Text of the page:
Opera’s mobile web browsers have been around for almost a decade, utilizing remote servers to compress data, ultimately saving users’ bandwidth. The novel concept works, which is why the company’s browsers have a big fan following, particularly in emerging markets. Opera has now turned towards app data usage, which we know all too well can have drastic effects on bandwidth limits. Opera Max is here to compress all non-encrypted data being used by apps on your device, routing it through its servers just like it does on its mobile web browsers.

At first the Opera Max app was only available via the Google Play Store beta program but starting today the company has made it available for anyone and everyone. It claims that the app can compress data up to 50 percent, thus allowing users to stay well within their data caps. The app has a timeline which shows which apps ended up saving data and exactly how much data was compressed and saved during the entire session. Users have the option to disable compression when needed, particularly if they don’t want to view slightly pixelated video, the kind they get when its being compressed. There a $1 per month subscription for unlimited usage, those not willing to pay will be subject to advertisements. Opera Max is now available for download through the Google Play Store.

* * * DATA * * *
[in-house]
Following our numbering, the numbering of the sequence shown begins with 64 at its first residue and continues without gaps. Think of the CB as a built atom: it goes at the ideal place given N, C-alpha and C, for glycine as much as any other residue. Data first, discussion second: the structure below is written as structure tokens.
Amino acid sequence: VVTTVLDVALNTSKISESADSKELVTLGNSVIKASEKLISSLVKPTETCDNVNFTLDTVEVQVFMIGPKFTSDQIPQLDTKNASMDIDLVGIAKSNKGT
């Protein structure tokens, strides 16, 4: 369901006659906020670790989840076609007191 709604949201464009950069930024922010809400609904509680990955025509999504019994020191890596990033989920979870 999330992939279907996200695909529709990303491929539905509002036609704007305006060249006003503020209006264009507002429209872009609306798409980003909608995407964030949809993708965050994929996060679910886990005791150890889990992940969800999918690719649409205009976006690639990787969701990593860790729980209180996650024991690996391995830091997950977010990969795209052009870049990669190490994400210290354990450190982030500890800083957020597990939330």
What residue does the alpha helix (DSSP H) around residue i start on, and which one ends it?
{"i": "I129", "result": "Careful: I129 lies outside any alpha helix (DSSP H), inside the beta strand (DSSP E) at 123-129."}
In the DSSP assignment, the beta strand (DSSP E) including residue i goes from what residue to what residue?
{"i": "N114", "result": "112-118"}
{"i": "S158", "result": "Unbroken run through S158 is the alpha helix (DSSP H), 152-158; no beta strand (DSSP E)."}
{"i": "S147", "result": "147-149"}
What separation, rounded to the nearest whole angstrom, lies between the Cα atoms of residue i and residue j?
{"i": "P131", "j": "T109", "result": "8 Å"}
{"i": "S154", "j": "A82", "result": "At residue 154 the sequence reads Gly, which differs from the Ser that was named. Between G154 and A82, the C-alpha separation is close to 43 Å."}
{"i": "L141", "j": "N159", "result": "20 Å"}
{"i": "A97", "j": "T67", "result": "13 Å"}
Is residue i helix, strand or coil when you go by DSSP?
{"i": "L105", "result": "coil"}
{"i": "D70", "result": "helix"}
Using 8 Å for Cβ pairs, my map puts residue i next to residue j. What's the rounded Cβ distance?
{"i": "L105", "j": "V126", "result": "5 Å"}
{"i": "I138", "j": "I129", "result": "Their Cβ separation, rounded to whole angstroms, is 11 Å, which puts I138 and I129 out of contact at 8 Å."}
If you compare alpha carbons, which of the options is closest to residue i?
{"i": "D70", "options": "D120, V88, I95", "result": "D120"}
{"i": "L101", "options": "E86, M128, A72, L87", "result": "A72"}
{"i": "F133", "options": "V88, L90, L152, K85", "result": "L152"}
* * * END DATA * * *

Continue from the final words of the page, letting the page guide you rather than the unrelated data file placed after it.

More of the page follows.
Filed in Cellphones. Read more about Apps and Opera.

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